With the Legislature punting on a gas tax hike to pay for roadwork, local governments may begin to ask taxpayers to take up the slack.
Charleston County voters certainly are facing the possibility.
County Council is more likely to ask them in November to approve a half-cent sales tax for new roads after the Legislature backed off the gas tax increase, said Chairman Elliott Summey.
Summey said an increase would have provided a dependable and steady stream of income to fix roads and improve infrastructure within the county. Without it, he said, County Council needs to consider a referendum for a half-cent sales tax.
“We have to get serious about roads,” Summey said.
Summey said he will ask county staffers to create and make a presentation to council on the issue, then open the matter for discussion.
There is plenty of time. The county has until Aug. 15 to get the referendum wording to the Charleston County Board of Elections and Voter Registration so it appears on the November ballot, said Joe Debney, the board’s executive director.
The Legislature likely will approve some more money for roads before its session ends in June.
Late last month, the House gave final approval to a budget, which sends $366 million to South Carolina roads from tax collections and fees, and an additional $49 million to the state Department of Transportation to make up for money already spent on flood-related fixes.
The Senate plan orders the General Assembly to assign $400 million out of the state budget for roads. It also restructures the DOT commission by letting the governor appoint the eight members. The Senate’s Finance Committee will begin deliberating the budget this week. The full Senate will take up the budget at the end of the month.
But neither the House nor the Senate plan currently includes an increase in the gas tax.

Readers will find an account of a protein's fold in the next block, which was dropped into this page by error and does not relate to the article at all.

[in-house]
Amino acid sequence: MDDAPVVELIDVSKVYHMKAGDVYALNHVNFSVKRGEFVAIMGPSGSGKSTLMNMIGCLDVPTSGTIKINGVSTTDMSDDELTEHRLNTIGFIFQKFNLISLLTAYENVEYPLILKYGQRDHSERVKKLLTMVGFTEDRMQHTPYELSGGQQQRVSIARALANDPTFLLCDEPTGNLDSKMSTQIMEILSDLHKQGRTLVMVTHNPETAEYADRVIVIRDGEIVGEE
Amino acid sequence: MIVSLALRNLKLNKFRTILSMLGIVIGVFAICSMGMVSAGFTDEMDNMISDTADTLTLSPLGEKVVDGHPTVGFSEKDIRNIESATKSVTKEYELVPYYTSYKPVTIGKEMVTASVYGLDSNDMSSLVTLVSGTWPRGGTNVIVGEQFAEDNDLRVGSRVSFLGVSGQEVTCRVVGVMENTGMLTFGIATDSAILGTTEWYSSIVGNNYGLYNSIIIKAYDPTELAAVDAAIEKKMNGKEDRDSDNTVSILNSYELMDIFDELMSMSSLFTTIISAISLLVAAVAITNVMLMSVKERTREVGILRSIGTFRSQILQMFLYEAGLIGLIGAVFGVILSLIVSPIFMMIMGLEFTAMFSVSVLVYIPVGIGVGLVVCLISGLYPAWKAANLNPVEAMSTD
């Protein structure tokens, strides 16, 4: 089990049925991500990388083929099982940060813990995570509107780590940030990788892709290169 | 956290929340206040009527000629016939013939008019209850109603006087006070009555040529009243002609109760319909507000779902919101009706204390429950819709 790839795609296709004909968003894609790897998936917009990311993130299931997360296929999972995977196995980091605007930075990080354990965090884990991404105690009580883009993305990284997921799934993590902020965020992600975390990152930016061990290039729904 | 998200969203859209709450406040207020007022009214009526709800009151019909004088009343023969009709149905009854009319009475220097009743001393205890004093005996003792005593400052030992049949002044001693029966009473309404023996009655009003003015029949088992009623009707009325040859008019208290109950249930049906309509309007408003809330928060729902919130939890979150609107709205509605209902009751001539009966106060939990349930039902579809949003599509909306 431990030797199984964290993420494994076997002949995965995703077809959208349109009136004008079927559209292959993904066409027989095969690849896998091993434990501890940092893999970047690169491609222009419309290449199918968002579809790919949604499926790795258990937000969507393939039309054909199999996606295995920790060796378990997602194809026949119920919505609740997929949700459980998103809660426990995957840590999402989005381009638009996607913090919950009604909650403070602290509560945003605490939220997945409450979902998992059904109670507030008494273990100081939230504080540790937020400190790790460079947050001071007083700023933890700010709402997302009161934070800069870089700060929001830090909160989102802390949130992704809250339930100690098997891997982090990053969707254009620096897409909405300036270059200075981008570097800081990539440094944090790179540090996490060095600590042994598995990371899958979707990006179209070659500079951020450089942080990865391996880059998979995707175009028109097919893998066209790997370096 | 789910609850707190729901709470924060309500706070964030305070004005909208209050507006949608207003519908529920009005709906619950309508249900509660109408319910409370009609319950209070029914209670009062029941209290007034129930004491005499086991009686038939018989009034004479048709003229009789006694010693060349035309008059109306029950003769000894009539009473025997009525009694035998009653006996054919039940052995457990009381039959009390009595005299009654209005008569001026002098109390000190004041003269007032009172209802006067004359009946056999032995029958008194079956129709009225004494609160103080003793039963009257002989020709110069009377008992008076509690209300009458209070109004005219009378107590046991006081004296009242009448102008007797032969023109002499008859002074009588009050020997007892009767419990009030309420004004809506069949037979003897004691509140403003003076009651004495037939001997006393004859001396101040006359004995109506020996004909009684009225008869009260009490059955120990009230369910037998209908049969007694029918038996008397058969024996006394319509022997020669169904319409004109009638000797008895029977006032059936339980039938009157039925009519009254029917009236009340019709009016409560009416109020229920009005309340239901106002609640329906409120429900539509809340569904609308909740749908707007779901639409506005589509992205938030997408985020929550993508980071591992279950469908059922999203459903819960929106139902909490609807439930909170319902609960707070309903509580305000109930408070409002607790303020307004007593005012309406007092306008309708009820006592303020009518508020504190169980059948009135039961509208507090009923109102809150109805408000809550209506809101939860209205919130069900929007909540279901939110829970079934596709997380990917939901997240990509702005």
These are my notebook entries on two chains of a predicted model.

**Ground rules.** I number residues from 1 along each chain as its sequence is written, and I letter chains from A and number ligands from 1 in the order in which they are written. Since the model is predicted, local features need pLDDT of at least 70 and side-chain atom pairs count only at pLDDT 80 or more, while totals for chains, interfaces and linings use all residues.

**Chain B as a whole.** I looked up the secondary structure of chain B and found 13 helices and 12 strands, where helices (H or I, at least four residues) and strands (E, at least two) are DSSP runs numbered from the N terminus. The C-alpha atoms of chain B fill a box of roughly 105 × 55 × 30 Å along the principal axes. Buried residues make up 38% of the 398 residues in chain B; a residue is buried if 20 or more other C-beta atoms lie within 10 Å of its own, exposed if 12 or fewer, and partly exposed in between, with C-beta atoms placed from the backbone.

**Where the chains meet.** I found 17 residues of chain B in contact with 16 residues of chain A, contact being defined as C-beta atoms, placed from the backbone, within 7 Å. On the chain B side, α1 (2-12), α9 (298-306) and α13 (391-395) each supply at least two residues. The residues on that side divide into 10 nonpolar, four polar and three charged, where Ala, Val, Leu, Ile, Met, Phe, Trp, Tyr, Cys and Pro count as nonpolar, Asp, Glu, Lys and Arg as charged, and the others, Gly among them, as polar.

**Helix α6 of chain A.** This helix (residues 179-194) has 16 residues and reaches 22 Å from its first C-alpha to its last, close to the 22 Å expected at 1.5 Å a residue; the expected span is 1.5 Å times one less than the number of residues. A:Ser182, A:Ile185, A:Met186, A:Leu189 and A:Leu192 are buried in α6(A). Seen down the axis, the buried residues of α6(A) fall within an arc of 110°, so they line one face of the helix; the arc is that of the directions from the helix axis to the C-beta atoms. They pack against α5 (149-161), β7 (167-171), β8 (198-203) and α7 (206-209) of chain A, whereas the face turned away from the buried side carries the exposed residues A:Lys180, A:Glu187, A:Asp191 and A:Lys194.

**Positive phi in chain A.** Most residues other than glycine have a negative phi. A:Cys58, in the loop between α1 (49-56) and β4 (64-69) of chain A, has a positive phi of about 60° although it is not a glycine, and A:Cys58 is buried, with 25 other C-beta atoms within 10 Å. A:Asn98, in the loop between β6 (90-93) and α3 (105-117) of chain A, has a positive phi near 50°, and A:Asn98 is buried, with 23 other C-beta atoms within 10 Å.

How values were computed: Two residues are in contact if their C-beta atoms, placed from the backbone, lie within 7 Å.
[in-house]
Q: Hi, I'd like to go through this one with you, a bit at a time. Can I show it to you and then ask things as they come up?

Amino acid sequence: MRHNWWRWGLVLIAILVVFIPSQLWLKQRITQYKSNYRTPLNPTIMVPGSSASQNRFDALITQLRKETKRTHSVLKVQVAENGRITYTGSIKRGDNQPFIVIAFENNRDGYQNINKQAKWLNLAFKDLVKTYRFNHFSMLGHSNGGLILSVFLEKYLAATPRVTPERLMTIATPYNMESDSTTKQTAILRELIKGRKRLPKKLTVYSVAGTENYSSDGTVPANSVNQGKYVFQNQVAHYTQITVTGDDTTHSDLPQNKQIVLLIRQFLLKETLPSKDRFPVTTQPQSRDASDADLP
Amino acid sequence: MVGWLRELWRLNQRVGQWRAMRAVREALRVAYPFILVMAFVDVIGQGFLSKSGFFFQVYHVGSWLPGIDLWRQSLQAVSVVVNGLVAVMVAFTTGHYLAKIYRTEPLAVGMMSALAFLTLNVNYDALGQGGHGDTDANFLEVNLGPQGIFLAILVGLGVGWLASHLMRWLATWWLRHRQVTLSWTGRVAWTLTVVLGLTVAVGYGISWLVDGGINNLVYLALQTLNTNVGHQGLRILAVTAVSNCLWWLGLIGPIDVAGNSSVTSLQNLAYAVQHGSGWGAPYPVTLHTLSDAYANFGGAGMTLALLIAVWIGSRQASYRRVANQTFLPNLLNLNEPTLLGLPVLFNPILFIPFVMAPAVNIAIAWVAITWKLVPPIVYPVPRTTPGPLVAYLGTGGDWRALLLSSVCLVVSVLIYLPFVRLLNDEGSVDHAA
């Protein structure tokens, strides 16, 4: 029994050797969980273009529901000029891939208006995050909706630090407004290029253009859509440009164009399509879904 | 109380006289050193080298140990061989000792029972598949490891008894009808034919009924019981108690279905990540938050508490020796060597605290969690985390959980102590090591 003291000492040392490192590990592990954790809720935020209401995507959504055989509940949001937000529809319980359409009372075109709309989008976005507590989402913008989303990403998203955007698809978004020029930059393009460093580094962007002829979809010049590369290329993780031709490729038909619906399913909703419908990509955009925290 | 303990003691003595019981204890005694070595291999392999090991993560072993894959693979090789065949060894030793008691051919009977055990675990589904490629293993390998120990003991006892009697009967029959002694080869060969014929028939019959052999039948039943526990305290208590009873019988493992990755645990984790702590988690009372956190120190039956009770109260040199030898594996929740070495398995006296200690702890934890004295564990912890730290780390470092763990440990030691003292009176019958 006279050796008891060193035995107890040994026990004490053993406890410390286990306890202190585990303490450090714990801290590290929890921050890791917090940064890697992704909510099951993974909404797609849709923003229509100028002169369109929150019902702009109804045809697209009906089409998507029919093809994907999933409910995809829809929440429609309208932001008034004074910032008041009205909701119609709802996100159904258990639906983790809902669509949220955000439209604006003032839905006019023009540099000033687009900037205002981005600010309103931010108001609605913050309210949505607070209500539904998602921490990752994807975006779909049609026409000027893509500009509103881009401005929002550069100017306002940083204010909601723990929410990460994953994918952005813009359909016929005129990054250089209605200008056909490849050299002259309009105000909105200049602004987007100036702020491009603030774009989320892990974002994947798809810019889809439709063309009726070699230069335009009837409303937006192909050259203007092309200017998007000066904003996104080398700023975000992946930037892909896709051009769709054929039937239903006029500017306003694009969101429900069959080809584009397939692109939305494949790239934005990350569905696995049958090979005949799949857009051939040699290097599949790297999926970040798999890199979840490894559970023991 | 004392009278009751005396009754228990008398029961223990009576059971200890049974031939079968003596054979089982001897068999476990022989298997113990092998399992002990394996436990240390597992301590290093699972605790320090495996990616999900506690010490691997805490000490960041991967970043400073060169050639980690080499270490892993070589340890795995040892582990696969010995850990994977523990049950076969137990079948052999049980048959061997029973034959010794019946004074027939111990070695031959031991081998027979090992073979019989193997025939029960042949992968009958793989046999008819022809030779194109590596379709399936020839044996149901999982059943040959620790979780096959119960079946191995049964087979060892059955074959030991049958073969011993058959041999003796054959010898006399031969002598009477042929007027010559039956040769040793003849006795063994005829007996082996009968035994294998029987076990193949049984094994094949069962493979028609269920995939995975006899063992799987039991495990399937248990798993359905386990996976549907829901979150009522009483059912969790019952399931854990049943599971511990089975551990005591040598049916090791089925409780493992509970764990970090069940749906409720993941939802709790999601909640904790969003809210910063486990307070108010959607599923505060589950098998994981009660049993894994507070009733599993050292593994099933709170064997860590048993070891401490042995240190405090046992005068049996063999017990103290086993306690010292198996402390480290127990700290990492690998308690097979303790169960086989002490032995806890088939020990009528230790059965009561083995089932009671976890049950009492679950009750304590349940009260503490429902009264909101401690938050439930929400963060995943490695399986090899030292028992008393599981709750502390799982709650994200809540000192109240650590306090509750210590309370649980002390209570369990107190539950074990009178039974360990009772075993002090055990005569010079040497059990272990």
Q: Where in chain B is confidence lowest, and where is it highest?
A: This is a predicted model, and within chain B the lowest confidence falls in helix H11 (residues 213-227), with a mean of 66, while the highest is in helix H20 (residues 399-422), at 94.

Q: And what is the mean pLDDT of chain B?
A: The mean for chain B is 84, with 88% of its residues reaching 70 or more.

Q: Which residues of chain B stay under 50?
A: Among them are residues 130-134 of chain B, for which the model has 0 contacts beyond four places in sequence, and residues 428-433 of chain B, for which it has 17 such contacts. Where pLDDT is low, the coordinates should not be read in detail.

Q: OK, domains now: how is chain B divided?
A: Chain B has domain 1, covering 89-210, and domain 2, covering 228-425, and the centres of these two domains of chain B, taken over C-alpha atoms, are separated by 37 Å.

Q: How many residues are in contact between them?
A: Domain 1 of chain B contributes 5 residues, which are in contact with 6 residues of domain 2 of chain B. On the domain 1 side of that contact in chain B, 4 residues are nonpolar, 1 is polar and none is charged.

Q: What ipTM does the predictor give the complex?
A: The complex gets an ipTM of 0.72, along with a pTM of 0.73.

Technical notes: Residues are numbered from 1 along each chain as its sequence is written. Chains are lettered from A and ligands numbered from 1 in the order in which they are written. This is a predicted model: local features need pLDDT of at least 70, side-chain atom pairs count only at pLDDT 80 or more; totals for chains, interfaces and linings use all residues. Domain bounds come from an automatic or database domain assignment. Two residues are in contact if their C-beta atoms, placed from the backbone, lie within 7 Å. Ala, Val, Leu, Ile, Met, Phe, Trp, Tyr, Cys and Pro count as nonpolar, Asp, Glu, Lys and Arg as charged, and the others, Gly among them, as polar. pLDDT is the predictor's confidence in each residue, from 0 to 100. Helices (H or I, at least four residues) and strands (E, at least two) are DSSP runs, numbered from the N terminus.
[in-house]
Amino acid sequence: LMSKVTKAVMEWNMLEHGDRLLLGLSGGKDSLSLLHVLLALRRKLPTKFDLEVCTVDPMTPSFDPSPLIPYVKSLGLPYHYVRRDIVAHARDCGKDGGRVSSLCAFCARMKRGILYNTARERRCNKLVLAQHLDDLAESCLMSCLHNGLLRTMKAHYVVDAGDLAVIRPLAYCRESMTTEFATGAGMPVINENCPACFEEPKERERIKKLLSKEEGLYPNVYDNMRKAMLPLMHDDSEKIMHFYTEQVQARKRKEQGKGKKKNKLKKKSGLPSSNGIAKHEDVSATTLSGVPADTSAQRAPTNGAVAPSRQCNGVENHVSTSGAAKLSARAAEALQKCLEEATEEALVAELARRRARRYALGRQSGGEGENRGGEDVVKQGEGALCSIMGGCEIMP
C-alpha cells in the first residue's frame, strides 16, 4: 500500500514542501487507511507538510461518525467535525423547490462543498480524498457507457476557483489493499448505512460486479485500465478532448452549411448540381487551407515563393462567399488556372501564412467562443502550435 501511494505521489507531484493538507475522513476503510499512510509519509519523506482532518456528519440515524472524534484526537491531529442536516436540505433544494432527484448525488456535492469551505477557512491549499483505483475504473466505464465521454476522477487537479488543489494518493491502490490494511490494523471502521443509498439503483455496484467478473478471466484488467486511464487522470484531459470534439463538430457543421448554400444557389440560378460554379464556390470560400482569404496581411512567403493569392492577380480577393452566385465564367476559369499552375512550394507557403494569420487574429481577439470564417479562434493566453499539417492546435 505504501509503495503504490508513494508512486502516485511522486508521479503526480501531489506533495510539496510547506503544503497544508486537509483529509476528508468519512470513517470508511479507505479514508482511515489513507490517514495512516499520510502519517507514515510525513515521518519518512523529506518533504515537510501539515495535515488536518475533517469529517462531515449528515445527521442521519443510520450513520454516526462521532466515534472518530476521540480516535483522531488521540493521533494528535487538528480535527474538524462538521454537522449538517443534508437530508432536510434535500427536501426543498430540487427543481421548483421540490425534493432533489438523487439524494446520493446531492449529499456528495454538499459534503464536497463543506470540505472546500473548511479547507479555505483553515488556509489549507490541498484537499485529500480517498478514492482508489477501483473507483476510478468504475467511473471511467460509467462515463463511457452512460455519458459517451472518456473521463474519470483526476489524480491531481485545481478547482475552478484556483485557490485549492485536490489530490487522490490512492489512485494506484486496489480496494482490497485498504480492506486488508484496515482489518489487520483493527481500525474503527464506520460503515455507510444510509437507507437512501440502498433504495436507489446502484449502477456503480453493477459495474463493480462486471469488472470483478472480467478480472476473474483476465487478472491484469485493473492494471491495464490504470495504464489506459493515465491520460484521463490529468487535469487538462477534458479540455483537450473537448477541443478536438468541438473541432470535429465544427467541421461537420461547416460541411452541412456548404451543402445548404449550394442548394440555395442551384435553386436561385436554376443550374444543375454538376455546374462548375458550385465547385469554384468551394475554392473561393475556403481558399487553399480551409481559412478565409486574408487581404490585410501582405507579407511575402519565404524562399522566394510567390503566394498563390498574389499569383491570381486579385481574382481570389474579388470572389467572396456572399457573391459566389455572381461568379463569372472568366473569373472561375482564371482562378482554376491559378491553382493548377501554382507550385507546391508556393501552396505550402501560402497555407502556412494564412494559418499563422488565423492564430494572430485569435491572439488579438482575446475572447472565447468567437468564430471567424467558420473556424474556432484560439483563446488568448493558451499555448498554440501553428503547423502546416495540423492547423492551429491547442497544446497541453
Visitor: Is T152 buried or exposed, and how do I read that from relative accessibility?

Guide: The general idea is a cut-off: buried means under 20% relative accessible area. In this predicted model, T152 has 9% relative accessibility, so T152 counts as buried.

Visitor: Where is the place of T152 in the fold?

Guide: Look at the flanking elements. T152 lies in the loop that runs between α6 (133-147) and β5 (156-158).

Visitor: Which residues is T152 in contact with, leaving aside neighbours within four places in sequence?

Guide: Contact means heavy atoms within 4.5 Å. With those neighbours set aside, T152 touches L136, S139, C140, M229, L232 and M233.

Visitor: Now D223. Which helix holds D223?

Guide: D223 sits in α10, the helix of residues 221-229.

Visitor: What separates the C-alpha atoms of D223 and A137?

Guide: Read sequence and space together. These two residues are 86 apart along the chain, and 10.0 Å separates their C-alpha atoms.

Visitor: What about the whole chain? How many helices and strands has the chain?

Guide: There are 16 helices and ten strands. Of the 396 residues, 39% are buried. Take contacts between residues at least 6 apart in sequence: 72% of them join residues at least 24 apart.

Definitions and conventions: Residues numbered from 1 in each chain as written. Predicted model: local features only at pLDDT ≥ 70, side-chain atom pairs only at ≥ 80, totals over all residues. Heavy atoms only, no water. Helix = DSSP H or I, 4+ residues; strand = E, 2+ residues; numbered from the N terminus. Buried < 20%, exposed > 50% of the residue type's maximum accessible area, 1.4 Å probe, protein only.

Councilman Vic Rawl said he’s not inclined to support asking county voters to pay more for roads. First, he said, a sales tax is a regressive tax. “It hits people harder who don’t have the wherewithal than those who do have the wherewithal,” he said.
He also said the state isn’t doing its share to improve roads. Passing a half-cent sales tax would say to the state, “We’re going to do your job for you,” he said.
Charleston County residents already have a half-cent sales tax for roads, which voters approved in 2004. It runs through 2030, or until it brings in $1.3 billion.
Councilwoman Colleen Condon said she supports letting voters decide if they want another sales tax for new roads.
But, she said, “I would like to see a good amount go to quality-of-life issues such as sidewalks and bicycle lanes.”
Mary Graham, chief advancement officer for the Charleston Metro Chamber of Commerce, said her group has been working on the concept of a half-cent sales tax plan with the county for more than a year. But, she said, the chamber won’t take an official position on it until there is a solid proposal.
The chamber on its website has a prioritized list of road projects, and it would like some of them included in referendum, she said. Some of the most important projects are widening S.C. Highway 41 in Mount Pleasant, extending the Glenn McConnell Parkway and improving public transportation, Graham said.
The chamber also could support including some of the cost of the shortfall for the completion of Interstate 526 in the referendum.
The shortfall now is estimated at more than $300 million.
Graham said including the entire shortfall could eat up most of the referendum money. “If the county is to go forward, it has to be more than just one project.”
Reach Diane Knich at 843-937-5491 or on Twitter @dianeknich.